Sunday, August 5, 2012

Time to Start Planning

Okay, so looking at the calendar, it's probably time to start planning the school year. For me, I have about 2.5 weeks before the kiddos walk through the classroom door. Some may feel it's "crunch time." This post is for me and for you. (I like to remind myself of things, because if we're not careful, even us veteran teachers can start to panic right about now.)

It is "crunch time" but DON'T start to PANIC. Think about this--our school year is wonderfully divided up into months, holidays, and perfectly segmented nine week periods and semesters. Divide your work up like that, too. Don't try to do it all at once, do a little at a time. Less is more, right? I'd rather see a teacher take the time planning one thing to make it "the best thing ever" than to see him/her take all of their magnificent ideas they have collected over the summer and years and make them "so-so."

This is the time of year I start drawing a map for myself. Think about what needs to be implemented all year. That is probably your priority, lesson planning and projects can come later. If you are going to have a theme, that is important but divide it into things that need doing before the kids arrive and things the kids can help with. Don't panic if all your stuff is not up at the beginning of the year. In fact, do this dividing up with all of your to-do's. Ownership for the kids is a big deal!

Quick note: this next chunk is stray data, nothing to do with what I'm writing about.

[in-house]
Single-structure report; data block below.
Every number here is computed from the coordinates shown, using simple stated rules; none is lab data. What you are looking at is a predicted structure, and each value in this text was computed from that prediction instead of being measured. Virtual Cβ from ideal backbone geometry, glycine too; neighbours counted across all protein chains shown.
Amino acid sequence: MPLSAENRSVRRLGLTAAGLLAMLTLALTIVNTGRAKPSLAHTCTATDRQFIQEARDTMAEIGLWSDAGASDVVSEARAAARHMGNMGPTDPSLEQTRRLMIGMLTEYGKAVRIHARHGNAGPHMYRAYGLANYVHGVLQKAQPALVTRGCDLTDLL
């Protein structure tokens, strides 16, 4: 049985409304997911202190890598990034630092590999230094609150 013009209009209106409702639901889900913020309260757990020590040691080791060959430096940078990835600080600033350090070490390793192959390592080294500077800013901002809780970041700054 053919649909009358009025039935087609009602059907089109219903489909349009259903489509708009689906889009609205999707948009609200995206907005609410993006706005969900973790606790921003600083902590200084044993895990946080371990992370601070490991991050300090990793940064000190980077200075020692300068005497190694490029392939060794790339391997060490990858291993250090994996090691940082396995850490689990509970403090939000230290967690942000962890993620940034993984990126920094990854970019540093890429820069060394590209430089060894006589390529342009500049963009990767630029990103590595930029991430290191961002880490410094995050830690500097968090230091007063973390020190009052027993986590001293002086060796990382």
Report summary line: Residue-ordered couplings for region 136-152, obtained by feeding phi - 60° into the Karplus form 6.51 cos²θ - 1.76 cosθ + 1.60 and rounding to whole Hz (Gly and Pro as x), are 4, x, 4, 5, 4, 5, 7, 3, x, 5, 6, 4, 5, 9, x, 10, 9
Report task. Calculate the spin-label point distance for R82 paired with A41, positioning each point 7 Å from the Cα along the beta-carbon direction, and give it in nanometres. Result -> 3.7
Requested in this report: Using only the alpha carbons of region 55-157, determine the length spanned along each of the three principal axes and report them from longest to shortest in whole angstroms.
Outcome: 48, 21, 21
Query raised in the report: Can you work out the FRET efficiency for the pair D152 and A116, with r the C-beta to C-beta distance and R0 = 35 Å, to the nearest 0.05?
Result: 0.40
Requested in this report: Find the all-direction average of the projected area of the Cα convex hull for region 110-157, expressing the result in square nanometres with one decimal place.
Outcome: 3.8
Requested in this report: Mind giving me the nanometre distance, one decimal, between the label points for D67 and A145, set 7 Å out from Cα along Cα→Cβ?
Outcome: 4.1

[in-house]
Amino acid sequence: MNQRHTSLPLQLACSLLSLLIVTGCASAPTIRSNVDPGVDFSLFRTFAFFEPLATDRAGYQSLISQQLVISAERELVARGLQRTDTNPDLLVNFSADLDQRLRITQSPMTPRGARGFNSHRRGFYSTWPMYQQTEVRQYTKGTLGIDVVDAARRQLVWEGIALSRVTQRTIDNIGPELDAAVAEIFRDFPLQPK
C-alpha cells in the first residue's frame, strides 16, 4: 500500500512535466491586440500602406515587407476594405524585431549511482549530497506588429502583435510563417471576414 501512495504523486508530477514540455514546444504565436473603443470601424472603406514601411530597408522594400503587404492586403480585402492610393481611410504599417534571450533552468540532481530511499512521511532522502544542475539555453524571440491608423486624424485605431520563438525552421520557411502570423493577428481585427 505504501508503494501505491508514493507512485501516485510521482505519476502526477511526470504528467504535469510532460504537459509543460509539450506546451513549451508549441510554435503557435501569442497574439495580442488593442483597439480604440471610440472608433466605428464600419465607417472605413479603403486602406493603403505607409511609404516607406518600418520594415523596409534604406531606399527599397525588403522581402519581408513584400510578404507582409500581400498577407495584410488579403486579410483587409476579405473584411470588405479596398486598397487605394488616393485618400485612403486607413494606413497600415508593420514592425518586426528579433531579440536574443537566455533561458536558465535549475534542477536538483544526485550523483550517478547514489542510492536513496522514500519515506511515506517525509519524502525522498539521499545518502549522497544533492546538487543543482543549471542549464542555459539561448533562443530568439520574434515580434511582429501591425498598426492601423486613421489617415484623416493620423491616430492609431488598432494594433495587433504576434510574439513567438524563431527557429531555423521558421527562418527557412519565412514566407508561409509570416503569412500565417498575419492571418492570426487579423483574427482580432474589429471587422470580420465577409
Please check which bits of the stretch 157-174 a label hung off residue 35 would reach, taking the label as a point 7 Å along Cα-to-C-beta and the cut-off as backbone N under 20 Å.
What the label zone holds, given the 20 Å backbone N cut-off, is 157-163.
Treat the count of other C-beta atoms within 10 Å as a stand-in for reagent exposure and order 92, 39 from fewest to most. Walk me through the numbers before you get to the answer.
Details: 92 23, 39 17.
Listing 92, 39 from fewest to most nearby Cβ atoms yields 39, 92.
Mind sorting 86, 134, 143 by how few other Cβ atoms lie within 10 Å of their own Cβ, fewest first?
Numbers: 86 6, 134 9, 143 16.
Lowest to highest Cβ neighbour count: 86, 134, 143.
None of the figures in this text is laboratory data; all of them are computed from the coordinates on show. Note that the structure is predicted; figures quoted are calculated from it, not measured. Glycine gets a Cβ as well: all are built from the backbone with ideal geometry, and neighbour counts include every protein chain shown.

Here's more of a run down of what to start thinking about now. I like to get things done ahead rather than waiting last minute. Waiting is like "cramming" for a test for me and with that comes anxiety, stress, all those "nasties." So, if you are like me, "get 'er done," so you have time to relax and don't panic. You have at least TWO MAJOR PROJECTS to start working on now:
  • The first big event for most of us is probably Open House. Start planning what you are going to do.
  • Theme: what can the kids help with?
  • Rules: the kids can and should come up with these. You can always "guide" them to what you are looking for if you think they are missing an important rule. I teach 4th, so the upper elementary guys have had a lot of experience from previous grades. Every year they come up with a rule that I didn't think of but is great.
  • Procedures: start outlining these so you can teach them to the kids. What to do for each subject time, schedule, lunch, recess, etc. You know the drill.
  • Read-alouds for the first week:  Make a list that includes daily picture books and a chapter book if you do that. (Don't make lesson plans yet. Save it for when it's closer to "opening day." You need to get the other stuff done first and it needs to be fresh in your mind.)
  • The Summer Olympics: If you are going to teach this in your classroom, better start planning lessons (if you haven't already).